In a move that underscores its proactive policy stance amidst the prevailing economic challenges, the State Bank of Vietnam (SBV) disclosed on July 10 an adjustment to the credit growth target for its credit institutions (CIs) to an estimated 14 per cent across the board.
This strategic decision has been made in response to proposals from the CIs themselves, based on a comprehensive evaluation of their operating conditions, financial strength, governance efficiency, and potential for sustainable credit expansion.
The main goal behind this shift is to safeguard the liquidity and operational safety of the entire CI system. Each CI has received specific targets in line with this overarching plan.
In relation to its objectives for 2023, the SBV stated that following the economic growth and inflation targets established by the National Assembly and the government, it has set a preliminary credit growth target for 2023 of around 14-15 per cent. This rate is open to adjustments in line with real-world economic developments.
Amidst an economic growth rate in the first half of the year that fell short of projections, and the difficulties encountered by the principal sources of economic capital, the SBV has recalibrated the credit growth target with an eye on fuelling the economy with additional credit capital – while also remaining mindful of potential inflation risks.
Along with the release of the revised credit growth figures, the SBV has issued a two-pronged directive to the CIs.
Firstly, they are urged to rigorously implement Directive No.01/CT-NHNN issued on January 17, by the SBV's Governor. This concerns the priority tasks for the banking sector in 2023, with a particular focus on potent measures to invigorate safe and efficient credit growth.
The directive calls for an enhancement of credit quality and advocates steering credit towards sectors that are productive and business-centric. This strategy aligns with the government's policy and seeks to meet the capital requirements of enterprises and the public in a timely fashion.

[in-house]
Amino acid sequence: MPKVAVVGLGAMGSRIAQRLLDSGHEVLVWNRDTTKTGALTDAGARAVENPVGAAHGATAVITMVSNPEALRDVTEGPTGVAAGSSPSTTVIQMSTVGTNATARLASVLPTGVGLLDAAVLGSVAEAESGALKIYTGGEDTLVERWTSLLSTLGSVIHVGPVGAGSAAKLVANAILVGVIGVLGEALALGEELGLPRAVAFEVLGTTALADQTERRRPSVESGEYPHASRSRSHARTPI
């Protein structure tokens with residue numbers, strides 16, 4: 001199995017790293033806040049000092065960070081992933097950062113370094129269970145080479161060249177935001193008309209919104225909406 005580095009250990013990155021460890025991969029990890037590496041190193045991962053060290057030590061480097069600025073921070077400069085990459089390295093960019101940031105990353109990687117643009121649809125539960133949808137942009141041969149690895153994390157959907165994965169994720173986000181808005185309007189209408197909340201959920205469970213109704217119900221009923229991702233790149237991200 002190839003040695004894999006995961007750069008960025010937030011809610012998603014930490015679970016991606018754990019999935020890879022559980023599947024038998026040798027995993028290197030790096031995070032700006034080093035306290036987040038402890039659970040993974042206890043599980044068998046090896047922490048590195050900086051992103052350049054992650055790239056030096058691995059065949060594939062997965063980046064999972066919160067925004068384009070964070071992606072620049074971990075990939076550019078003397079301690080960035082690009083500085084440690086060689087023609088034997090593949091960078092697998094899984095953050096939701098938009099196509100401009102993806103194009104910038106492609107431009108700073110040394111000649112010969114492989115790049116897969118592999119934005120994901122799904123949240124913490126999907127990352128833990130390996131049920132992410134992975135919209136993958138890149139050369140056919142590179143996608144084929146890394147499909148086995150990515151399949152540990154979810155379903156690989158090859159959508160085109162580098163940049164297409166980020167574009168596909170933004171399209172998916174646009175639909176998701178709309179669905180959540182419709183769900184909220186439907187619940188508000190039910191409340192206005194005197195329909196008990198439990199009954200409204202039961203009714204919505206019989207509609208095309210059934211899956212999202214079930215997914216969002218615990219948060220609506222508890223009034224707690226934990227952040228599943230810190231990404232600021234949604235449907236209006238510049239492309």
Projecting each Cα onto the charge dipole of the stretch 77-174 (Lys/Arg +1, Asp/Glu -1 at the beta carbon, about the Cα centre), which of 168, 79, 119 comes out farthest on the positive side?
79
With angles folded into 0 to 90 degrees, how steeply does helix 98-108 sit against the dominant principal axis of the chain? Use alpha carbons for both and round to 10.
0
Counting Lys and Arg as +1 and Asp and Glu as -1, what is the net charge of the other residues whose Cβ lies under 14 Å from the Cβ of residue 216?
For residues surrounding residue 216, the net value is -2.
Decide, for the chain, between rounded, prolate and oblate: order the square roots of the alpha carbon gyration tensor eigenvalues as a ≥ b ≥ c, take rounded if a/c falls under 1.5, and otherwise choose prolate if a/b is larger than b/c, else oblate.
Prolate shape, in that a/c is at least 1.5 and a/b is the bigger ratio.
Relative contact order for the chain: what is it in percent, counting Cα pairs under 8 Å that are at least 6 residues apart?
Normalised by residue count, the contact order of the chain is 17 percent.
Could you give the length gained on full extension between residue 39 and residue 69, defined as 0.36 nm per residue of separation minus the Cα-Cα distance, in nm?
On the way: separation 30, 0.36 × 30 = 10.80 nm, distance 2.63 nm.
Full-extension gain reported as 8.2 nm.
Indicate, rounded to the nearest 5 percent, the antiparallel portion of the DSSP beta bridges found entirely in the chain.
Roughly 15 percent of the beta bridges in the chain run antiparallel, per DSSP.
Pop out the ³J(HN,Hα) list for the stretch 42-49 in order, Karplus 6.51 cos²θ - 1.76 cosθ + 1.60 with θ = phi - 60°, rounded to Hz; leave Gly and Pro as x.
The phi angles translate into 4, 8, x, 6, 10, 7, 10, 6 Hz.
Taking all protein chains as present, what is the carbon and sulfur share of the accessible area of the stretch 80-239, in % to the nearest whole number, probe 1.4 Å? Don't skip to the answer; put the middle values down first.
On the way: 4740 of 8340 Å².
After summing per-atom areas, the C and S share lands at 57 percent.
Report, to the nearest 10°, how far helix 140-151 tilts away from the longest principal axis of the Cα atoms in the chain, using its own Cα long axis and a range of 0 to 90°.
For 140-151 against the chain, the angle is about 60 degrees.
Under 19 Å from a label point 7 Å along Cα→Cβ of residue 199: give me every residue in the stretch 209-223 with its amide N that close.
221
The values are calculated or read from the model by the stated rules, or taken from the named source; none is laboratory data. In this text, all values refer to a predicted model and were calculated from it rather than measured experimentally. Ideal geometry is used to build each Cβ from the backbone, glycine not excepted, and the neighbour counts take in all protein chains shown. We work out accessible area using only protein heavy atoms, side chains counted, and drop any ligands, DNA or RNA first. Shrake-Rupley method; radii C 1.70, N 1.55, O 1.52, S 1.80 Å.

Secondly, the SBV has instructed the CIs to streamline and reduce administrative procedures, simplify and expedite loan processes, and ensure comprehensive legal compliance. The aim is to make it easier for customers to access bank credit, providing a vital boost for businesses and individuals alike in their efforts to revitalise production and business activities, whilst also securing the robust operation of the CIs.
In its forward-looking statement, the SBV has committed to maintaining a close watch on domestic and international market fluctuations. It stands ready to provide liquidity support and enable the CIs to effectively meet the credit demands of the economy.
At the same time, the SBV will continue to review credit growth across the system towards the end of the year and calibrate its management strategies accordingly.
In an interview with local media on July 10, the CEO of a joint-stock bank headquartered in Ho Chi Minh City, revealed that the SBV has just allowed it a credit growth increase of 150 per cent compared to the beginning of the year.
Meanwhile, a leader of another bank in Ho Chi Minh City also mentioned the SBV's move to enlarge its credit room. The executive did not disclose the specific figures but noted that the growth rate varies depending on the credit quality and the assets of each bank.
As of the end of June, credit across the entire system has only increased by 4.73 per cent, equal to one-third of the planned target.
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